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WASHABAUCH v. UNITED STATES

April 25, 1949

WASHABAUGH
v.
UNITED STATES



The opinion of the court was delivered by: WATSON

The plaintiff, Herbert H. Washabaugh, instituted this action to recover damages for injuries received in a collision which, it is alleged, was caused by the negligence of Wilfred Wills, who was driving a United States Army station wagon, and was acting in the line of his duty as a member of the military forces of the United States of America, the defendant. The action was instituted under the Federal Tort Claims Act, 28 U.S.C.A. § 921 et seq. (now Secs. 1346, 2671 et seq.).

The plaintiff, at the time of the collision giving rise to this action and for a number of years prior thereto, resided in Chambersburg, pennsylvania, in the Middle District of Pennsylvania. Under the Federal Tort Claims Act any civil action on a tort claim against the United States may be prosecuted in the judicial district where plaintiff resides. Therefore, this Court has jurisdiction in this action.

 The collision, from which plaintiff alleges his damages ensued, occurred in the City of Hagerstown, Maryland. Under the Federal Tort Claims Act the standards and tests of the State where the alleged wrongful or negligent act was committed are to be used to determine whether a claim has been established upon which recovery can be allowed and the nature and extent of recovery. Van Wie v. U.S., D.C.N.D. Iowa 1948, 77 F.Supp. 22; State of Maryland v. United States, 4 Cir., 1947, 165 F.2d 869, 1 A.L.R.2d 213. Therefore, in this action, the law of the State of Maryland controls on the questions of negligence and amount of recovery, if any.

 This action was tried before the Court without a jury. From the legal evidence received at the trial, the Court finds the facts to be as follows:

 1. The plaintiff, Herbert H. Washabaugh, is a resident of the Borough of Chambersburg, Franklin County, Pennsylvania, in the Middle District of Pennsylvania.

 2. On August 17, 1945, Wilfred Wills was driving a United States Army station wagon, proceeding west on Washington Street, approaching the intersection of Washington and Mulberry Streets in the City of Hagerstown, Maryland. The plaintiff was driving a laundry truck, proceeding north on Mulberry Street, approaching the intersection of Washington and Mulberry Streets in the City of Hagerstown, Maryland.

 3. When the United States Army station wagon, operated by Wilfred Wills, reached the point at which it was entering the intersection of Washington and Mulberry Streets, in the City of Hagerstown, Maryland, the traffic light facing it, or facing east on Washington Street, was red. When the laundry truck, operated by the plaintiff, reached the point at which it was entering the intersection of Washington and Mulberry Streets, in the City of Hagerstown, Maryland, the traffic light facing it, or facing south on Mulberry Street, was green.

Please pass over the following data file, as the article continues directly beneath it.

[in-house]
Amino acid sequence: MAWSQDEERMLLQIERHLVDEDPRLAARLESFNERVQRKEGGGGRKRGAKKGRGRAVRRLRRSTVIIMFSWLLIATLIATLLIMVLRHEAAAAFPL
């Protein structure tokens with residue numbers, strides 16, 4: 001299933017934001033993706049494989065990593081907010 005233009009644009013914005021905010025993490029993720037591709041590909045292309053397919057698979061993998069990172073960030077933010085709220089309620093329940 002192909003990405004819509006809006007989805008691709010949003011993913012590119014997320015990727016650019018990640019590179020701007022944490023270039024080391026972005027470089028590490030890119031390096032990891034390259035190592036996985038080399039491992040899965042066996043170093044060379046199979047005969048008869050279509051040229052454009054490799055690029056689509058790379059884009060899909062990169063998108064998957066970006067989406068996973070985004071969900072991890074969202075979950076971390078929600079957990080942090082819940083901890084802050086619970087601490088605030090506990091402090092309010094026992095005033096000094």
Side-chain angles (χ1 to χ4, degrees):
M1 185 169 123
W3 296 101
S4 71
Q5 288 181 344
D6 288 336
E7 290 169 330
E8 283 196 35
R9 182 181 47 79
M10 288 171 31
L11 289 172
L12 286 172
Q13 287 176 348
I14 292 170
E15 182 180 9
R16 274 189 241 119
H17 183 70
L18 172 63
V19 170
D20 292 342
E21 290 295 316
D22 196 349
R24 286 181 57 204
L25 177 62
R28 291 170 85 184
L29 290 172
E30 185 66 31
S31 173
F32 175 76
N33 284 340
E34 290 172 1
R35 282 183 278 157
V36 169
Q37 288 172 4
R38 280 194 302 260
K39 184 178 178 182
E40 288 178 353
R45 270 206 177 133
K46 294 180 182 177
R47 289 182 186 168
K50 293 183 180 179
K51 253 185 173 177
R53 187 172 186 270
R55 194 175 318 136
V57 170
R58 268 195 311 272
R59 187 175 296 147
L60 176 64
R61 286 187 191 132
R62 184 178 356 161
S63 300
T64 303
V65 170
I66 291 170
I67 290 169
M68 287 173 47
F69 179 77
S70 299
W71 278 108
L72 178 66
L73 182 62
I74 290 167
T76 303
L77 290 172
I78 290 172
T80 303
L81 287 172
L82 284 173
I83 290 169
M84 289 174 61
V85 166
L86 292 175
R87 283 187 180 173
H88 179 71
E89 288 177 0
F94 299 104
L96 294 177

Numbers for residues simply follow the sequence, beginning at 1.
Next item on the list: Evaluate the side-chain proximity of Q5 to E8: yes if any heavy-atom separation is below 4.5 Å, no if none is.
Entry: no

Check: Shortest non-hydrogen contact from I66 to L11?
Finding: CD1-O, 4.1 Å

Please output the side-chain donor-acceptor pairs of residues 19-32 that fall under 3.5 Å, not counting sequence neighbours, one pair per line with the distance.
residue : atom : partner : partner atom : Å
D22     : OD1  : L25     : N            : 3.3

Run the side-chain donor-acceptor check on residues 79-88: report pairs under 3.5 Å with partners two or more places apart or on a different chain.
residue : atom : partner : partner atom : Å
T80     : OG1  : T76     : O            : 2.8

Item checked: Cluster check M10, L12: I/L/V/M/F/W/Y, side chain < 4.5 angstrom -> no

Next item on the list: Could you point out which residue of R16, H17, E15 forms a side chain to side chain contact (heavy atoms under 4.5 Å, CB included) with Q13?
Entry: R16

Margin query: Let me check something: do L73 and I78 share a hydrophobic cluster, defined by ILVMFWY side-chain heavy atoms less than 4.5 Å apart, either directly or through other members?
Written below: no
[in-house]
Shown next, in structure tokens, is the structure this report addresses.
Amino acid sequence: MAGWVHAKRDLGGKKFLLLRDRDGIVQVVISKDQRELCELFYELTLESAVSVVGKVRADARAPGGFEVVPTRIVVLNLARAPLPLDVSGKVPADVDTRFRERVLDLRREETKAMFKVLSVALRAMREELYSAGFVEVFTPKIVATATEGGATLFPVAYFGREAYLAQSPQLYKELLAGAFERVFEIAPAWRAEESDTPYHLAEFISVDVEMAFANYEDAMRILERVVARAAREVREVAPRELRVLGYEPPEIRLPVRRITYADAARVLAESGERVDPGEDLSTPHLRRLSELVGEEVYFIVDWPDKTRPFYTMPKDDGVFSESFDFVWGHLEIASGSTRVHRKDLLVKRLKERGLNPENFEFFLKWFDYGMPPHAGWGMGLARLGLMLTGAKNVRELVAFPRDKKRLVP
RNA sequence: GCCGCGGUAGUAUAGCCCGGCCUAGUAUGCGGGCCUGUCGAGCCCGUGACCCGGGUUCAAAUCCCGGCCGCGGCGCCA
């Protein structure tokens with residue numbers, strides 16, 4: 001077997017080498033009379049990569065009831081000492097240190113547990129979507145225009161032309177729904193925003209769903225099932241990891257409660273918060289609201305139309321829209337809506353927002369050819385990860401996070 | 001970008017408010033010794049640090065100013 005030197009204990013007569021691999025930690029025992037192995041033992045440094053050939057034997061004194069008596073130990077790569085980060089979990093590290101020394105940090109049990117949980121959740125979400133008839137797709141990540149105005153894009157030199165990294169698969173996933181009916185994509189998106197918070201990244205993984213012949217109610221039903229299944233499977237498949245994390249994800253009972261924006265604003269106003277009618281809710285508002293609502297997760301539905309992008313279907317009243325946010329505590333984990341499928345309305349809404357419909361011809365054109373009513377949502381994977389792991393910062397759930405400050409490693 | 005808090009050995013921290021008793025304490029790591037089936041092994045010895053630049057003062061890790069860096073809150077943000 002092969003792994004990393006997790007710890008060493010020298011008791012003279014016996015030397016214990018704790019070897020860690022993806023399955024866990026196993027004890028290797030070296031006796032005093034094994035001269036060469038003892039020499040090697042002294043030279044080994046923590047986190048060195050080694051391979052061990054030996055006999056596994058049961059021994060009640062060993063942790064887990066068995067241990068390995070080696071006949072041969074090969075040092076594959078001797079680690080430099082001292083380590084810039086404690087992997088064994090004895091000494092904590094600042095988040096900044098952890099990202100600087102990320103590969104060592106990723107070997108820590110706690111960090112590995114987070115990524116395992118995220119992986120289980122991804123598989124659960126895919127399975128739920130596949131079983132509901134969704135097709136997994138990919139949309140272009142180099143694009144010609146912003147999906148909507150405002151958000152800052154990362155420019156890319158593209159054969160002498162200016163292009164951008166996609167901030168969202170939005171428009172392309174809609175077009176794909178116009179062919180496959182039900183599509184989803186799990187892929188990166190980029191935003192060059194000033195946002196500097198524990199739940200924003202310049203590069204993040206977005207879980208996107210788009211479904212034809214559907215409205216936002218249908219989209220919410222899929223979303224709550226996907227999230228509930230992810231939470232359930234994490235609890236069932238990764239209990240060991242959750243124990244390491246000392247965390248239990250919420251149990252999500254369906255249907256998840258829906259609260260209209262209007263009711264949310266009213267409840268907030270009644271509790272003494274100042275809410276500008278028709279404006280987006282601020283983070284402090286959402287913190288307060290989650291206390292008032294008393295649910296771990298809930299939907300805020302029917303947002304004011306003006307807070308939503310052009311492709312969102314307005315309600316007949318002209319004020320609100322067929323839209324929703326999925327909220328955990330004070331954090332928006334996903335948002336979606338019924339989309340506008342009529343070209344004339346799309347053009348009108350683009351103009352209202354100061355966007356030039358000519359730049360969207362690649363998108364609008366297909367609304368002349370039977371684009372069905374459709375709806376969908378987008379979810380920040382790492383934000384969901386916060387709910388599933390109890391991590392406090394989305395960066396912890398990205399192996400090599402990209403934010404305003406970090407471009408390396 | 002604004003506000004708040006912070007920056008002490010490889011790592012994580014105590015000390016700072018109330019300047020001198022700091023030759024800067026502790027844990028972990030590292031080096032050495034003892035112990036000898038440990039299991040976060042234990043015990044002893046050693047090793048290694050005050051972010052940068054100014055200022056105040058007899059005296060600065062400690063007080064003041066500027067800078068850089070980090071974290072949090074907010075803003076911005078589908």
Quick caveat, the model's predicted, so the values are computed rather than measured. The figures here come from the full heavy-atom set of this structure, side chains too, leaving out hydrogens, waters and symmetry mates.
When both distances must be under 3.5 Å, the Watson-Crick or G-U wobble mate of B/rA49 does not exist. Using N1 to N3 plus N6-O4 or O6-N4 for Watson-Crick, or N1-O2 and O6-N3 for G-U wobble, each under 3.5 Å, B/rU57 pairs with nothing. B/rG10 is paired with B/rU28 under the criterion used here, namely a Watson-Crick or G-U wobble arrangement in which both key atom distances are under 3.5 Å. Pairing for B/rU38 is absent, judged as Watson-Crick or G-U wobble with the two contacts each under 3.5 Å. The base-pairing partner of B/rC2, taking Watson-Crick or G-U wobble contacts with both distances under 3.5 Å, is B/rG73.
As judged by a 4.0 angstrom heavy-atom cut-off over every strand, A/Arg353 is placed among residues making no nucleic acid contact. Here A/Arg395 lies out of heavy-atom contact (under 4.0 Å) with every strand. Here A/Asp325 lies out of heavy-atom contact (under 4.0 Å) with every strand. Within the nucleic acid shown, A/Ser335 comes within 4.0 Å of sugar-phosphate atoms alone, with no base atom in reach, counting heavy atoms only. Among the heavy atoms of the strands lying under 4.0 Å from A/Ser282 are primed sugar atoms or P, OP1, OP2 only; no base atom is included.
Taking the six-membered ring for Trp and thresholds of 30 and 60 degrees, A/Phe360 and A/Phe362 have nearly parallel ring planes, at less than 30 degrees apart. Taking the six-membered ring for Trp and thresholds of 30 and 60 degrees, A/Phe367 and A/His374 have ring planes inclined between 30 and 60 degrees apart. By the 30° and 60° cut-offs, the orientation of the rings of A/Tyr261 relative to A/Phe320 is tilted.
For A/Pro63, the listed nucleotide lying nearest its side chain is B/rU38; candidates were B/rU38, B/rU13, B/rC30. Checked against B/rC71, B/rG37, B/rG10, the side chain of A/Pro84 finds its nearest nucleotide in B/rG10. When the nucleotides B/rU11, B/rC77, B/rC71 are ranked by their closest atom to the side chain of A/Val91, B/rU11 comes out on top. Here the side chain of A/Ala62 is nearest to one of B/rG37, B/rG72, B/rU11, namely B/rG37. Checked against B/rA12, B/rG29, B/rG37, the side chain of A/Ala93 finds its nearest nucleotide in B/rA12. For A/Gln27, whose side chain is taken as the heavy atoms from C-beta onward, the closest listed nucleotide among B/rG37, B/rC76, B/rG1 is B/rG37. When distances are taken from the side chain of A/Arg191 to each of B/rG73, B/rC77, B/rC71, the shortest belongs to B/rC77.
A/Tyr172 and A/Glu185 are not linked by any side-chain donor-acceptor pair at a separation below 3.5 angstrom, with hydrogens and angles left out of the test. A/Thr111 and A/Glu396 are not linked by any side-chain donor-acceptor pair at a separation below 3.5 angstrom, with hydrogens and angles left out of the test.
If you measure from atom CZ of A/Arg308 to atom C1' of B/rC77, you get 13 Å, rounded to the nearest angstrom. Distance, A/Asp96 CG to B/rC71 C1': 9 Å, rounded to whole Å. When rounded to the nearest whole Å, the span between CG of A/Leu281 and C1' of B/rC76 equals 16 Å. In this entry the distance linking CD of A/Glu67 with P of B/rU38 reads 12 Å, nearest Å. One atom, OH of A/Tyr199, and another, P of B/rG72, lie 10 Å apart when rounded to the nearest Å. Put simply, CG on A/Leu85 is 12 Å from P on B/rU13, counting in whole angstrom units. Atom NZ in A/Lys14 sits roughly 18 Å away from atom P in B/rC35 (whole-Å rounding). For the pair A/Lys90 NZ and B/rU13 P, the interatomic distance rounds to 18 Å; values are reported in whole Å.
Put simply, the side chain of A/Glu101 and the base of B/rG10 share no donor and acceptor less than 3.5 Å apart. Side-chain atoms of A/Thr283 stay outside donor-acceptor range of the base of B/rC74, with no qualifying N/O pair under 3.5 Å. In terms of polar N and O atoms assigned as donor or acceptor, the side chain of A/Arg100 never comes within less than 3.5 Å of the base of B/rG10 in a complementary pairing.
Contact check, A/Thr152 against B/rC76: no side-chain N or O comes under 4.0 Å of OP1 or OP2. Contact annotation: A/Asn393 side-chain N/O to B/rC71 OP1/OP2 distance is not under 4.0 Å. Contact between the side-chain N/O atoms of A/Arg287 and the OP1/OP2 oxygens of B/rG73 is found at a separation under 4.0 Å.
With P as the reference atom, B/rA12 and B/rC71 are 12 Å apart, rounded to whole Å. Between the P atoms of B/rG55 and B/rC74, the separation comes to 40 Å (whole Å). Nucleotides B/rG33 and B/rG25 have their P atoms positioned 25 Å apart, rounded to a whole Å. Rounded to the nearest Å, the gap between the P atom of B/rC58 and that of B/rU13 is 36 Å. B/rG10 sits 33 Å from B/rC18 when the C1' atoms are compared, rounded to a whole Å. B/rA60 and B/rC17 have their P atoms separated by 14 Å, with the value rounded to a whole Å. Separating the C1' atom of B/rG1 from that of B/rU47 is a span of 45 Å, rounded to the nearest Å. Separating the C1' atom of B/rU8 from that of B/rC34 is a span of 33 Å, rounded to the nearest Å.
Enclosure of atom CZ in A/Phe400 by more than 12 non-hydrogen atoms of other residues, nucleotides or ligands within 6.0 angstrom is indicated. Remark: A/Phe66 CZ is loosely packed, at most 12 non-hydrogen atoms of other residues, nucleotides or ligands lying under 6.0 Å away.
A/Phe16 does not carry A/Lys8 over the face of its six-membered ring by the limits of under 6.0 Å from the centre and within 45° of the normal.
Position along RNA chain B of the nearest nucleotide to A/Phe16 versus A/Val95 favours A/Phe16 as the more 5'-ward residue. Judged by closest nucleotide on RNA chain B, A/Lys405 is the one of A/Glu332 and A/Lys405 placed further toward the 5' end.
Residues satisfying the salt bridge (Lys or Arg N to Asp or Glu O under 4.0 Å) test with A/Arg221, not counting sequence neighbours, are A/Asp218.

4. When plaintiff's laundry truck had proceeded more than half way across the said intersection it was struck along its front right door, front right fender and front right bumper by the United States Army station wagon, operated by Wilfred Wills.

 5. Wilfred Wills failed to obey the traffic light and proceeded to cross the intersection of Washington and Mulberry Streets in the City of Hagerstown, Maryland, while the traffic light facing him, or facing east on Washington Street, was red. This failure to obey the traffic light was a negligent act on the part of Wilfred Wills and was the proximate cause of the collision and injuries received by the plaintiff.

 6. The plaintiff obeyed the traffic light and proceeded to cross the intersect intersection of Washington and Mulberry Streets, in the City of Hagerstown, Maryland, while the traffic light facing him, or facing south on Mulberry Street, was green. There was no contributory negligence on the part of the plaintiff.

 7. At the time of the collision both Washington and Mulberry Streets, at the point where they intersect, were dry. At the time and place of the collision, visibility for drivers was good.

 8. At the time of the collision Wilfred Wills was performing his duties as a military policeman in the Army of the United States, and was returning from police patrol observations.

 9. At the time of the collision, Wilfred Wills was a member of the military forces of the United States and was acting in the line of his duties as such.

 10. As a result of said collision, the plaintiff suffered injuries to his lower spine, which have and will continue to cause ...


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